Developed nations urged to end bias towards debt-based finance

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The Organisation for Economic Cooperation and Development has called for developed countries to end their bias in favour of debt-based finance which it claims hinders economic growth.

In a report showing that excessive debt was bad for economic growth, the Paris-based international organisation found that the growth of equity finance boosts economic performance in contrast to the harmful effects of bank borrowing.

“Finance is good for growth, but like chocolate, you can have too much of it,” said Catherine L Mann, OECD chief economist.

For many years, the OECD and others have worried about advanced countries’ economic policies artificially favouring debt finance but it now claims to have found a causal link proving the benefits of equity over debt.

The background work studies OECD and G20 countries over a 50 year period, looking for links between the type of finance used both over time and across countries and their respective economic performance.

It found that a lack of credit hurts growth prospects, particularly in poorer and less developed national economies. But in the advanced world large expansions of credit tends to be harmful.

Ms Mann said there was a need to improve incentives to use equity finance in preference to debt, while most countries’ corporate tax systems offer some form of deductibility on debt interest payments. “Tax reforms to reduce this debt bias will help make finance more favourable to long-term growth,” the OECD said.

She added that there was also a need for significantly tighter capital requirements for banks to diminish the subsidies associated with banks still being too important to fail.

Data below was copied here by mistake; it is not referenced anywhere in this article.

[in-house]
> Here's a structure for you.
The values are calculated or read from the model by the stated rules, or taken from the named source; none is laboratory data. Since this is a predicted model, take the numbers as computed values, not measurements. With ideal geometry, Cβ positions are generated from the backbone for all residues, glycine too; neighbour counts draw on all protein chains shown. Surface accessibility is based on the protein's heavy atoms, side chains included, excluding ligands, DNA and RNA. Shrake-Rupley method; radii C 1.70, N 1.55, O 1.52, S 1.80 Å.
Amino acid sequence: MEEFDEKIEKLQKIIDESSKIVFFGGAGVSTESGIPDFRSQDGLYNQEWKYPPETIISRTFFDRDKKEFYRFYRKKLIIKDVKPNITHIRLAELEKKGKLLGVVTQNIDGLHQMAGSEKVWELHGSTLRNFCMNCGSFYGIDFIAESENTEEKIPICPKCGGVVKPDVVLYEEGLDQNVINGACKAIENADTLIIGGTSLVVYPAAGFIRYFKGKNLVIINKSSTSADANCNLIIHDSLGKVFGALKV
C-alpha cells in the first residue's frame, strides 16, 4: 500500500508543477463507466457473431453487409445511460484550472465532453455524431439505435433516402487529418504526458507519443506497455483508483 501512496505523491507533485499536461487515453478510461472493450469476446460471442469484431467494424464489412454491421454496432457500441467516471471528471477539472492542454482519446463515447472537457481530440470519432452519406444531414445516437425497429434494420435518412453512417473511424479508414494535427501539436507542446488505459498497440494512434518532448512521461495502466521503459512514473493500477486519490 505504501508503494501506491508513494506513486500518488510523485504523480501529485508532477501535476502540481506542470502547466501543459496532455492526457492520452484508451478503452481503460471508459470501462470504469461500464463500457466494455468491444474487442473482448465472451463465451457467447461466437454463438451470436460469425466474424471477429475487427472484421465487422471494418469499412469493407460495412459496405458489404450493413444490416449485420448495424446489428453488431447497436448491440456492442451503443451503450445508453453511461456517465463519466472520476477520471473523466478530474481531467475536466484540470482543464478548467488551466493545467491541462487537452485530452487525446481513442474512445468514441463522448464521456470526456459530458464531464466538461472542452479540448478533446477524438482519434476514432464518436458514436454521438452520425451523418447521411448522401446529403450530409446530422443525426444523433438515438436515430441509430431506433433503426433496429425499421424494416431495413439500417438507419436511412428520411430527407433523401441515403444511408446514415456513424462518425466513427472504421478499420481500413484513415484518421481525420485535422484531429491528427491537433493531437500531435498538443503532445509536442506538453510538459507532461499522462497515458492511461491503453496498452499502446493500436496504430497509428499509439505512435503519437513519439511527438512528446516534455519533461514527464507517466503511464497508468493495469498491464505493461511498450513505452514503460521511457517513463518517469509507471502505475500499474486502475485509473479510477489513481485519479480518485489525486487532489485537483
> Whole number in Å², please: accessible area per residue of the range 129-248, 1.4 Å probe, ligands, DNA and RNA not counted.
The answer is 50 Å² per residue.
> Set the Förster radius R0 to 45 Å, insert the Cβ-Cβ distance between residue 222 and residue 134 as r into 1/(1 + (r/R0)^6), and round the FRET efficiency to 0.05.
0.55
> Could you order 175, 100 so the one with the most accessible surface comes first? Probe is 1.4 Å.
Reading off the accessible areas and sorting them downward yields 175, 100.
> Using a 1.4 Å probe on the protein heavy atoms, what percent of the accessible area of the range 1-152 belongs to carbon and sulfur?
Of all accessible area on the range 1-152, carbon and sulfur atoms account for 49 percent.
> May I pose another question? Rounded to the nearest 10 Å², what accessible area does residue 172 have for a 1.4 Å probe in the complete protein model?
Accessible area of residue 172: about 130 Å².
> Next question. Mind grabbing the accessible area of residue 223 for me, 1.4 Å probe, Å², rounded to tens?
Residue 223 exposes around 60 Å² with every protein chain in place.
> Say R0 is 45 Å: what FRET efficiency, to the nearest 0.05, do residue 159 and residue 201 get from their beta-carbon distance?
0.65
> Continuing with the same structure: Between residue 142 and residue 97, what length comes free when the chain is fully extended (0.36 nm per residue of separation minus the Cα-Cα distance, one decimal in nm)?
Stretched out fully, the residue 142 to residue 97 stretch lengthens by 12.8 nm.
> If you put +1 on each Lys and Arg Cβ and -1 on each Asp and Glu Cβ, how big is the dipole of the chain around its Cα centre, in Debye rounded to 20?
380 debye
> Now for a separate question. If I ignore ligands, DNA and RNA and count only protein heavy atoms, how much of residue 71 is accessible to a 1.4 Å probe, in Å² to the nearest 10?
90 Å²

The OECD findings are most negative regarding household credit growth. A 10 per cent of national income growth in household debt, it found, was associated with a 0.6 percentage point drop in gross domestic product per person over the longer term.

At the other extreme, a 10 per cent of GDP increase in stock market capitalisation was associated with a 0.2 percentage point increase in national income per head.

The OECD did recognise that any short-term credit squeeze hinders growth. These results, it said, applied in the longer term only, suggesting that banks and much of the finance industry is not effective at directing resources to the most efficient economic sectors.

Fitting in with its core focus on inequalities, the OECD also suggested that the finance industry adds to societal inequality because the sector’s lack of competition allows it to pay more than other industries without generating a correspondingly high economic output.

“Twenty per cent of top income earners work in finance and earn 40 per cent more than similar workers in other industries,” Ms Mann said. “If they are delivering 40 per cent more value to society, you’d say fine, but the evidence is against them.”